Lords amendment: No. 16, in page 20, line 24, leave out from "such" to end of line 26 and insert—
"facilities as the authority consider appropriate for the consumption of any meals or other refreshment brought to the school by such pupils."
I beg to move, That this House doth agree with the Lords in the said amendment.
With this we are to discuss Lords amendment No. 18.
The amendment provides that it is for the local authority to decide on appropriate facilities for children to eat their own food on school premises. Without the amendment, there could be dispute about how far local authorities should go in providing facilities. A local authority must provide suitable accommodation but is not required to provide cooking facilities. In certain circumstances it might be appropriate to make arrangements for storing food, but that is for the authority to decide.I am grateful to the hon. Member for Bedwellty (Mr. Kinnock) for not wishing to move his amendment to the Lords amendment. He will acknowledge that certain factors could be attached to his proposition.
I did not move my amendment because of the implications. We considered our opposition to the amendment to be more a matter of principle than of detail.This is one of the most serious amendments to come from the Lords. It has not had the publicity which was attached to Lords amendment No. 17, which caused something of a sensation. We were led to believe during deliberations on clause 22 that the changes would place upon local authorities an absolute statutory obligation to provide pupils who brought their own refreshments or food to school with facilities for consuming that food on the premises. That was the safeguard offered. That was the undertaking and the reassurance. It was supposed to blunt fears that, given the power not to provide school meals, local authorities would interpret that provision literally and not even provide facilities for meals or refreshments on the premises. Although our fears and the fear of people outside were not abated by the reassurances of the Government, at least they were written into the Bill. Unless we have grossly misinterpreted the meaning of Lords amendment No. 16, it appears that the force of the obligatory word "shall" at the beginning of clause 22(1)(b) is neutralised by the words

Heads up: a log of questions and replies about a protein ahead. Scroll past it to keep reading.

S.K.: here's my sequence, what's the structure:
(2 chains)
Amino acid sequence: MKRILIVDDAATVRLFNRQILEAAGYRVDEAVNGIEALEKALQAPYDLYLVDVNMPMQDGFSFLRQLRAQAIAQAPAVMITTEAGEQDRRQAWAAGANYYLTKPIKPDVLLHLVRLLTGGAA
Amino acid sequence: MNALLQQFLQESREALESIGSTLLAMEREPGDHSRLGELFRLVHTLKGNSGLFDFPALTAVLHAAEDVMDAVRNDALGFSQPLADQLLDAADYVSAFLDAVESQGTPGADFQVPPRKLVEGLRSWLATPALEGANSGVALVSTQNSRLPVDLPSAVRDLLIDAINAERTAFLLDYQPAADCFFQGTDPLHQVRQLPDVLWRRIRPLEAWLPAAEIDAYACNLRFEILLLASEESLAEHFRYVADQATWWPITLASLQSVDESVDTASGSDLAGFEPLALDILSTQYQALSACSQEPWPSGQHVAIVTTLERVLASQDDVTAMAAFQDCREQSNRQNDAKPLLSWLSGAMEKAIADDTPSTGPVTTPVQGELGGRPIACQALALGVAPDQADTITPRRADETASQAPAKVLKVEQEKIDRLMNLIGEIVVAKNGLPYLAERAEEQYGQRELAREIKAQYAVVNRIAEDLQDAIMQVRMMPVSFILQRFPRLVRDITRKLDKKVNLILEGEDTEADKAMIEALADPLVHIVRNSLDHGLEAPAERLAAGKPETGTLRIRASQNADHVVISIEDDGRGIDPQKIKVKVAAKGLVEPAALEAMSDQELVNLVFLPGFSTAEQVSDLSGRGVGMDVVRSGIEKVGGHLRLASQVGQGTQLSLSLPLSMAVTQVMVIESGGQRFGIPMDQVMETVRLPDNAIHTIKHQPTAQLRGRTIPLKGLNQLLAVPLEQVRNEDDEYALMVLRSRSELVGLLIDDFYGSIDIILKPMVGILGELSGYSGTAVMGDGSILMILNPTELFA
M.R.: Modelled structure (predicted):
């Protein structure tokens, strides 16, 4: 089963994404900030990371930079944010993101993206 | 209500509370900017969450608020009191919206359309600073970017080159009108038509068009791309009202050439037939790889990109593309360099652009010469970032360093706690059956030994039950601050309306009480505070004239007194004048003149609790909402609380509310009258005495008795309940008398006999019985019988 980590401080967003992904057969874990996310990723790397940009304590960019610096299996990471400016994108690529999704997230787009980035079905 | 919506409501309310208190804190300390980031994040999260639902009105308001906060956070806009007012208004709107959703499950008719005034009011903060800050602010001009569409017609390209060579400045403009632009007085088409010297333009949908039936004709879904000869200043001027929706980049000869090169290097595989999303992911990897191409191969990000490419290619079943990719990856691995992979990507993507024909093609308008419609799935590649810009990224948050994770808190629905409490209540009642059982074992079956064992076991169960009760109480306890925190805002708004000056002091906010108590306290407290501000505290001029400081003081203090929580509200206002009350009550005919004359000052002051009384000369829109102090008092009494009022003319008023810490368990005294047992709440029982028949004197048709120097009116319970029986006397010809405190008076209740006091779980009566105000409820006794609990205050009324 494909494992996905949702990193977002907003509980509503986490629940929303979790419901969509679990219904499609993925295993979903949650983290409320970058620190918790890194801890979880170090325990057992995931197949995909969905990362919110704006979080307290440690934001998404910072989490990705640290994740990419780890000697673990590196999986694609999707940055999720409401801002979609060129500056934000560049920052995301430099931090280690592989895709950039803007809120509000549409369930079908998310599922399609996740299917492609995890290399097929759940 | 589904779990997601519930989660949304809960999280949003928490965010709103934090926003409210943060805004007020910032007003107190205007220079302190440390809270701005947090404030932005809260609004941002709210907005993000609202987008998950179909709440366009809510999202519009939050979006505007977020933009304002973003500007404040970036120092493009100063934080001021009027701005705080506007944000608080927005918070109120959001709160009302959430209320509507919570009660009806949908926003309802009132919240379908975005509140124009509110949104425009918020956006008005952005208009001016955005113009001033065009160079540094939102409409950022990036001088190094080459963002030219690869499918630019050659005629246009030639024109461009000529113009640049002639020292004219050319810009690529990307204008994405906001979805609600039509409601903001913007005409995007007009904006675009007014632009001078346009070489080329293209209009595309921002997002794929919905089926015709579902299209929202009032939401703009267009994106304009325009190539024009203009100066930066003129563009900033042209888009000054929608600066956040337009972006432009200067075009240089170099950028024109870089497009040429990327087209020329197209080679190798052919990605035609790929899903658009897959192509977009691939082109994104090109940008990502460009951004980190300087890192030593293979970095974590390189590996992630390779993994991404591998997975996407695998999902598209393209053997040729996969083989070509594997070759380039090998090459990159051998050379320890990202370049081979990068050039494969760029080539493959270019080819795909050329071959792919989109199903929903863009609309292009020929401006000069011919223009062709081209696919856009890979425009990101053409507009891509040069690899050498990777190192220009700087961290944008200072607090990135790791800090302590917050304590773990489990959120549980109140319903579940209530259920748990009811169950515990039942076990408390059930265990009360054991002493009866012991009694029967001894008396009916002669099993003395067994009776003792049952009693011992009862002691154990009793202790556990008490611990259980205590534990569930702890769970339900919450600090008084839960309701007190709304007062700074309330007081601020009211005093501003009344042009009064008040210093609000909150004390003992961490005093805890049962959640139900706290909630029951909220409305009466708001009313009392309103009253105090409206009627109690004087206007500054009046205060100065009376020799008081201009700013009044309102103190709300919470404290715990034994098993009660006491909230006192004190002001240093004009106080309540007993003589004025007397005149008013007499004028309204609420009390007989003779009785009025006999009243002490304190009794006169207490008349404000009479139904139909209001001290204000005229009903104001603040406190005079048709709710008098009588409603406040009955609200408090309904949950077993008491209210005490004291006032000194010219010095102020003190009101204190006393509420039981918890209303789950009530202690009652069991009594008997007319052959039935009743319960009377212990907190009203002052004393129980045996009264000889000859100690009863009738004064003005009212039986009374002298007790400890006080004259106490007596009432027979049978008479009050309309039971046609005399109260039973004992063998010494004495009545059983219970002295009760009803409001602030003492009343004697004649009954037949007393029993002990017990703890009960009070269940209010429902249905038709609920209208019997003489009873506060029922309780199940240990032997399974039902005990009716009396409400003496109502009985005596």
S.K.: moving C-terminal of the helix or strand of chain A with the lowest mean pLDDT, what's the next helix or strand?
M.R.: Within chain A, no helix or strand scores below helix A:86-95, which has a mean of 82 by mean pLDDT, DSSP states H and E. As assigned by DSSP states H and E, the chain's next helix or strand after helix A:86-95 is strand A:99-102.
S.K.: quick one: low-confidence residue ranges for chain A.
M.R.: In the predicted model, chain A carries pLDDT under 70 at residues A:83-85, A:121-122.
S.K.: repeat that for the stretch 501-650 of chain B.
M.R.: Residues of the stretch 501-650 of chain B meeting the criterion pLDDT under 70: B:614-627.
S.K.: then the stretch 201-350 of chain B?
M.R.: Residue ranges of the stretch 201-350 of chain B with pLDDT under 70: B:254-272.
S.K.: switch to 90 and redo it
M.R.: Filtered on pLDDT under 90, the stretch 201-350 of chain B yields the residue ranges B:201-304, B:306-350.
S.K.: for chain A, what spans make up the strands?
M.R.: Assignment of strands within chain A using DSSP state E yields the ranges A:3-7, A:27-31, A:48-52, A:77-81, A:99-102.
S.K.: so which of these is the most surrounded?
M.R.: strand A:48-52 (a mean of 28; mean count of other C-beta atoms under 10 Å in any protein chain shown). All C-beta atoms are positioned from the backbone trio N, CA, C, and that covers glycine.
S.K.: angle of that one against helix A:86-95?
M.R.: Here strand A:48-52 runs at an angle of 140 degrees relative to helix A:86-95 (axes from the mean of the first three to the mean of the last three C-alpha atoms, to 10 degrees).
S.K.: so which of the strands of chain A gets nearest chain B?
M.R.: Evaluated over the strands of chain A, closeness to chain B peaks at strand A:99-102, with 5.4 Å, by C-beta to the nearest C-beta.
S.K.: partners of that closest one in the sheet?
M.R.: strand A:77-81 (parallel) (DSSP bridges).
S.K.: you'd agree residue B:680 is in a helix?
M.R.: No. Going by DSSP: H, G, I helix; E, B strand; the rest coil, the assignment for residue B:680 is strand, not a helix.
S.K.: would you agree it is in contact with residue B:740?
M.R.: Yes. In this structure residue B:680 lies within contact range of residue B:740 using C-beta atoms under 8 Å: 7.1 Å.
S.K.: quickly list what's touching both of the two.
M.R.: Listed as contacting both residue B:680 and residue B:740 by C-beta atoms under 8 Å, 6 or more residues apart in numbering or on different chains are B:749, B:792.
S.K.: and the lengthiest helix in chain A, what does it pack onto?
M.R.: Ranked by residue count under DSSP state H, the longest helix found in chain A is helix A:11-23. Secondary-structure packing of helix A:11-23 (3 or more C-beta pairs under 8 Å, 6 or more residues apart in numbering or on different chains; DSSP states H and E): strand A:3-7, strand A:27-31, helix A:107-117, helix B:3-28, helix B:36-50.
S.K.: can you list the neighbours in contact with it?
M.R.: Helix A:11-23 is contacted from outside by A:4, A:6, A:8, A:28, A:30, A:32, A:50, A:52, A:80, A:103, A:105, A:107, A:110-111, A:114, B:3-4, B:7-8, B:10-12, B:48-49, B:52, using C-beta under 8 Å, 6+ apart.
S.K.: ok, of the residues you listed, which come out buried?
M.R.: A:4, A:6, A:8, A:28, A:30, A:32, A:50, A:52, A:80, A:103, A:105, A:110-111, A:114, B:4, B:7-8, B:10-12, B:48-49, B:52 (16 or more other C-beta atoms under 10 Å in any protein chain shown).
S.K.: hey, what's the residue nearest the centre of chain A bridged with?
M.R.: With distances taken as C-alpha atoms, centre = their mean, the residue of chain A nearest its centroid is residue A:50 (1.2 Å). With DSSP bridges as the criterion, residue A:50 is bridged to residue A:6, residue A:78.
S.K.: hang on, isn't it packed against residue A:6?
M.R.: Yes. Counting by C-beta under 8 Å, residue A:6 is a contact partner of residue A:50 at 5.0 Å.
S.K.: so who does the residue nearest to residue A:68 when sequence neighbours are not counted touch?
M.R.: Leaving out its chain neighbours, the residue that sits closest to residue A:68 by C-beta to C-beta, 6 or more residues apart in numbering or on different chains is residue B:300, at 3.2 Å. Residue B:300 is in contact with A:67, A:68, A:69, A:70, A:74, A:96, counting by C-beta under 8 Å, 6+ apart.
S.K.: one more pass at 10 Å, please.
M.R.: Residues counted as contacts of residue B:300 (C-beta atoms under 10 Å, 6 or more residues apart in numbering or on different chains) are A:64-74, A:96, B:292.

which appear in the amendment. In clause 22(2)—I use it only for the purpose of illustration—we have the phrase"as the authority consider appropriate for the consumption of any meals"
This caused a great deal of dissension, and counsel's opinion was taken by the Child Poverty Action Group and others as to the implication of that phrase. Exhaustive consideration could also be given to the phrase"as appears to the authority to be requisite."